What lies in store for media agencies in 2018?

Attribution and integration are in focus as the fourth MiC Round Table of 2017 hears from VPs and directors.

As we creep towards the end of the calendar year, Media in Canada convened its final round table discussion of 2017 among media agency professionals to get a sense of what the coming year will bring. As issues of pricing, brand stewardship and the role agencies play in client decision making remain top-of-mind, we invited some of the brightest directors and VPs to break bread.

Below is the first part of that discussion.

Providing a view from the heart of the media agency business were Janet Xi, group manager at Jungle Media; Melissa Champagne, account director at Zenith; Emily Douglas, director of digital investments at Touche (above right); Tracy Jones, managing director at Alternator (below right); Claus Bermeister, managing partner at MEC/Wavemaker; and Mona Afzal, director of strategy at OMD Canada (above left).

MiC: As you guys are looking ahead to next year, what’s getting prioritized? What do discussions, budgets and client demands tell you is coming in the year ahead?
Emily Douglas: It’s going to be a big year for attribution. There was a big push in 2017, but we keep saying 2017 is so last year. Last touch, last click is so last year. I think [it will be about] data-driven, multi-touch attribution, figuring out what that means. It’s costly. There’s different solutions. It’s confusing. But the better we can understand measurement, the more we can we can drive value for our clients. And it’s okay to not know all the answers.

Tracy Jones: I think we’re seeing the beginning of a convergence. As search and social became big things, we started a search and social division. As programmatic became big, we had a programmatic division. As data becomes a big thing, we have a data science division. And as content becomes big, we create something like Alternator. And if we do it right, those divisions should cease to exist, because they should become integrated into the fabric of the agency. At OMG Worldwide [of which Alternator is part], I’m already seeing that we have programmatic people with all the agencies, search and social media too, with leadership helping guide them as subject matter experts. Next year you’re going to see more and more of it. It’s great to have those minds on the ground and more embedded within the actual agencies. We work so much better when we’re on the ground with our teams.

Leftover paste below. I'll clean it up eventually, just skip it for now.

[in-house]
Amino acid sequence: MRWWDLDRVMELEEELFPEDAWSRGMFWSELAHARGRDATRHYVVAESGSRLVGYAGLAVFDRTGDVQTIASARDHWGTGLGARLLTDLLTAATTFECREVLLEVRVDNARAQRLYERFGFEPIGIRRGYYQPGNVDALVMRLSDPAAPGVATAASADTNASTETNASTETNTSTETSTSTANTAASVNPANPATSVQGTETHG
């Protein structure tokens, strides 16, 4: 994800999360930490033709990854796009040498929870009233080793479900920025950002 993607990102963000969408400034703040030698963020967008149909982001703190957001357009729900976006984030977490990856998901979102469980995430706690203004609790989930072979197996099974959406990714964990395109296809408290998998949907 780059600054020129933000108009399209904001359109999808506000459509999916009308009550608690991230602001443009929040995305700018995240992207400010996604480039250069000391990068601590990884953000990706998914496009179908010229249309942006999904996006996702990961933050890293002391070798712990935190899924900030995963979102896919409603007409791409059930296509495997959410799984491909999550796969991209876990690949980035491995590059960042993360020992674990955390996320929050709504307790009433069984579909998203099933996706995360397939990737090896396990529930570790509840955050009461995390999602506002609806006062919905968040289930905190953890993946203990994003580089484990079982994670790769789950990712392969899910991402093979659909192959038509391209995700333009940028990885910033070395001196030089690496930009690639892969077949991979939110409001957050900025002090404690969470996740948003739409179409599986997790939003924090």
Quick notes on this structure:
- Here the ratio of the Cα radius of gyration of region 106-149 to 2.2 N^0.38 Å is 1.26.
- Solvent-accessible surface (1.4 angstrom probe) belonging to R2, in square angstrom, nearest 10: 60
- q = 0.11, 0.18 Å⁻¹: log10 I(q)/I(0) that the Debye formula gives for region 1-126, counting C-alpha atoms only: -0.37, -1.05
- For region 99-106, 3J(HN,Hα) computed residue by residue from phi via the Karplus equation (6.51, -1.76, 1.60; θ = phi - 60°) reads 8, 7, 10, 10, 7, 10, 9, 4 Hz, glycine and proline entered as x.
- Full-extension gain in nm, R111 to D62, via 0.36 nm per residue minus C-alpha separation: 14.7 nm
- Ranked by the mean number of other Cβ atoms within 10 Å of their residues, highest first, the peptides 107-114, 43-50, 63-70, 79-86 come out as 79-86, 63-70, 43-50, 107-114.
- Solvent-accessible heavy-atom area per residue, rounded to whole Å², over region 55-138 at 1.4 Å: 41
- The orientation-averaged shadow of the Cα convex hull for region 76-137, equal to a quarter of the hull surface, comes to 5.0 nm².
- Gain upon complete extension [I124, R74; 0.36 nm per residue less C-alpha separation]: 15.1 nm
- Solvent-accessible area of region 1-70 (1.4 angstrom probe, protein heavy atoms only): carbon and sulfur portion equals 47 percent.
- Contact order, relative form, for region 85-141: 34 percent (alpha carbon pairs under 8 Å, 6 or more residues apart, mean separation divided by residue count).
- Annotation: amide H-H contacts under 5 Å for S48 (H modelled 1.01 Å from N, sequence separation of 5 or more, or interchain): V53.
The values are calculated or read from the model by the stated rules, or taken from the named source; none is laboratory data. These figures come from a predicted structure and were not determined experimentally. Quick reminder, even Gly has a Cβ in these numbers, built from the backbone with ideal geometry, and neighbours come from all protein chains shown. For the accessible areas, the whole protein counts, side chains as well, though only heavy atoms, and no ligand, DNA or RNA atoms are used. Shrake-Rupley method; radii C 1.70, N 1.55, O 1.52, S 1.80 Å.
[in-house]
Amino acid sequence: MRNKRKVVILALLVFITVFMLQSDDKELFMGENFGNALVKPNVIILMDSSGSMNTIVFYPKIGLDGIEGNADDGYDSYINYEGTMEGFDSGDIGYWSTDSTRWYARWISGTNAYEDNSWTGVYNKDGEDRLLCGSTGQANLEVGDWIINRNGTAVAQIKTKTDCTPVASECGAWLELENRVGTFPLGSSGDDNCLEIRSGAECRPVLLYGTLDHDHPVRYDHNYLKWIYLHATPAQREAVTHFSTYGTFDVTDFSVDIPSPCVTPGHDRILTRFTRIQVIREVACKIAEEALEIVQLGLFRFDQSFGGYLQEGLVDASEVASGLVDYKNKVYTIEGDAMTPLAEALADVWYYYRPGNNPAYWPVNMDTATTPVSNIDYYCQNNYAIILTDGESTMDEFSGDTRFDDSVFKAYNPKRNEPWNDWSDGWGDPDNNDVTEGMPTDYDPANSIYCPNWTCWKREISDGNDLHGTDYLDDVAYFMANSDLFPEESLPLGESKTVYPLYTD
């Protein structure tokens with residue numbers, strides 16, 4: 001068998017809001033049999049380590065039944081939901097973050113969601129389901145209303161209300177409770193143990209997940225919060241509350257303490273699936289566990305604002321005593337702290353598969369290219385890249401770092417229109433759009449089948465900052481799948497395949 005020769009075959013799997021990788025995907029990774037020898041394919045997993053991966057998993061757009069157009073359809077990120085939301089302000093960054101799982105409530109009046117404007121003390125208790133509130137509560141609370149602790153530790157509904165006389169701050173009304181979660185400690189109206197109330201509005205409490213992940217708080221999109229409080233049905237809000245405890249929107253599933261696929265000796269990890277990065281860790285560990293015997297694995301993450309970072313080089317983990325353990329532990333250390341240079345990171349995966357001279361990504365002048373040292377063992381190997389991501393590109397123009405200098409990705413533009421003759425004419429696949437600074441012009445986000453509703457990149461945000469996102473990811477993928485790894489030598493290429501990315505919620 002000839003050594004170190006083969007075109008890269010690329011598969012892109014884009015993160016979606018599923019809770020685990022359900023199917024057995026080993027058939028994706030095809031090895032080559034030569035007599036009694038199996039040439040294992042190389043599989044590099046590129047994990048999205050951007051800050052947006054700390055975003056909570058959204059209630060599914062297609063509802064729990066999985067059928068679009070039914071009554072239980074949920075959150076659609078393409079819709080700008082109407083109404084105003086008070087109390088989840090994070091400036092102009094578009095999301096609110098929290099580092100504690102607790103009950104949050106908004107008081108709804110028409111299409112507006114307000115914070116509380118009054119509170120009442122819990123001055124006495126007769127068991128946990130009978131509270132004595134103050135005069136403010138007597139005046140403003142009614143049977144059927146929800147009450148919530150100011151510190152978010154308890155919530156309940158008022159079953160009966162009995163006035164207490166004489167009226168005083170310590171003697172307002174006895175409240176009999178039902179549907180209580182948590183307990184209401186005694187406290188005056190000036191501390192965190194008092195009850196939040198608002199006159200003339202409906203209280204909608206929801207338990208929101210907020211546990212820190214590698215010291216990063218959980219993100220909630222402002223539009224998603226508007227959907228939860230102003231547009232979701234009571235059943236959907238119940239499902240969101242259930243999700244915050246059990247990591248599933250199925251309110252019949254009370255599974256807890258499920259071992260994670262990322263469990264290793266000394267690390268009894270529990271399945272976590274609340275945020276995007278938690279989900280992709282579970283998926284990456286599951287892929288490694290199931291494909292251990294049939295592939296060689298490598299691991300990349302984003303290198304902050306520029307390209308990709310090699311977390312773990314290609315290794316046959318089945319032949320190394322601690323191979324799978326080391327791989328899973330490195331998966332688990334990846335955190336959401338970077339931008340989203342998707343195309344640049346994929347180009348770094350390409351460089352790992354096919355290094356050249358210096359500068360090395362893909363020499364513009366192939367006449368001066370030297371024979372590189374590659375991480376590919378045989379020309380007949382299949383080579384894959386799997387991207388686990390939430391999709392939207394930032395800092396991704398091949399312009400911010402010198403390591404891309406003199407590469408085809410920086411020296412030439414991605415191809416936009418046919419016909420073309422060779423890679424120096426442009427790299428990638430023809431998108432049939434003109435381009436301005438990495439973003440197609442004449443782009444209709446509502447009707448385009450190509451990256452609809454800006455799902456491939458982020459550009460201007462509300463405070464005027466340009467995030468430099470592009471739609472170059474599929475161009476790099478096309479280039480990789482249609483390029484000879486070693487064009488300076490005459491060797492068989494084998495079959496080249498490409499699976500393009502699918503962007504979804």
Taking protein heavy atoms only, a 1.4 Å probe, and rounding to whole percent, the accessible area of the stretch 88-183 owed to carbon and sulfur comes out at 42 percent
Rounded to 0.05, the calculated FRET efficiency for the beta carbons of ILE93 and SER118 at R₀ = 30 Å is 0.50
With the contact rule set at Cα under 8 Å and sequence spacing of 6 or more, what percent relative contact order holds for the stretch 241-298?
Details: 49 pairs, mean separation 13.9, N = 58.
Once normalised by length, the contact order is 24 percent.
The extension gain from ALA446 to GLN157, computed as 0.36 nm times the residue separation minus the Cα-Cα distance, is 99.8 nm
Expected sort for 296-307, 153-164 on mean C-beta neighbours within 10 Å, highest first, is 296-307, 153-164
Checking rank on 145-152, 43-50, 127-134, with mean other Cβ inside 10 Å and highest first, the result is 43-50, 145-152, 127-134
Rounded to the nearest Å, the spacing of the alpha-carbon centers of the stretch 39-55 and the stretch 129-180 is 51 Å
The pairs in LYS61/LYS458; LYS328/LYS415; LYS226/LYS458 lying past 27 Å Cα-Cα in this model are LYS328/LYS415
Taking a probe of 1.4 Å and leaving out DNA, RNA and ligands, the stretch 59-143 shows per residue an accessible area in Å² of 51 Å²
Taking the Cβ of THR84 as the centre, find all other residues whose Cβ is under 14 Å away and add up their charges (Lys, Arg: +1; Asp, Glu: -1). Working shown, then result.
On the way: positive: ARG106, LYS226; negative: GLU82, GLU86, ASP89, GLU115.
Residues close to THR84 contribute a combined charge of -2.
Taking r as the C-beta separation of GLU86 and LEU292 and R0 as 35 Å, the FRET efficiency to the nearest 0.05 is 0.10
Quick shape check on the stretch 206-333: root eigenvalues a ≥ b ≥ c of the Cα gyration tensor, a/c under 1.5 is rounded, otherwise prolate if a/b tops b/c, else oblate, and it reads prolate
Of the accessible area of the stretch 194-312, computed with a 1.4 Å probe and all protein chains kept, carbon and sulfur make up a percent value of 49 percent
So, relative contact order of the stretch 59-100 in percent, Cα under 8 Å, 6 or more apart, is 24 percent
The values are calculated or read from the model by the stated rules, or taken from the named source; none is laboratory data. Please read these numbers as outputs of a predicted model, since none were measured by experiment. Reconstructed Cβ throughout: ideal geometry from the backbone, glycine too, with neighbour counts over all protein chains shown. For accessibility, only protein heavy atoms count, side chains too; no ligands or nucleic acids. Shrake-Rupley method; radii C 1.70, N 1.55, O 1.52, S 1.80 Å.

Mona Afzal: We’re seeing a lot more of an integrated flow and mix with our partners. We don’t think of them as vendors. They’re really a part of the team. We strive to have them part of the briefing sessions with the client right from the get-go. We’re not going “Hey, we’re RFP-ing you.” And it’s not limited to the partners that are part of our larger scale groups. It’s, like, CBC; they’re the Winter Olympics partner. They are a partner, and they’re developing our content. We bring them to the table regardless of what we put in front of them, and I think they value that… The clients that are more open to allowing that kind of collaboration will see that higher level of depth and achievement from their content.

L-R: Jungle Media’s Janet Xi, MEC’s Claus Bermeister, Zenith’s Melissa Champagne

Douglas: We’re trying to see where we can collaborate better. We created these black box sessions, trying to sit around the table and discuss all the issues and get closer to what client needs are. Was it super successful for us? Some yes, some no, but the idea is we just have to go with an open mind and find new ways of collaborating.

Janet Xi: Being at Jungle, we’re a smaller agency. We like to think of ourselves as more nimble. We’ve always been 360 planners. We’ve never had digital-only planners, or out-of-home-only planners. But I’d be curious to hear from you guys: I think that’s a model that people are moving more toward. We have a lot of subject-matter experts, but for the most part, I think there’s this greater value in having this overall planning sense within your agency, having a more integrated approach to planning for our clients is seen as valuable.

Jones: I think it’s essential. As the industry becomes more and more programmatic and more driven by things that do not have a person saying “I want to go out and buy this thing,” agencies are going to have to figure out what they stand for. What’s the difference between MEC and Jungle and OMD, or PHD and Touché? It’s going to be about brains and teams, and what they stand for and what they can deliver as a cohesive unit.

There’s more to come from our round table discussion on MediaInCanada.com

Photos by Kevin Cordick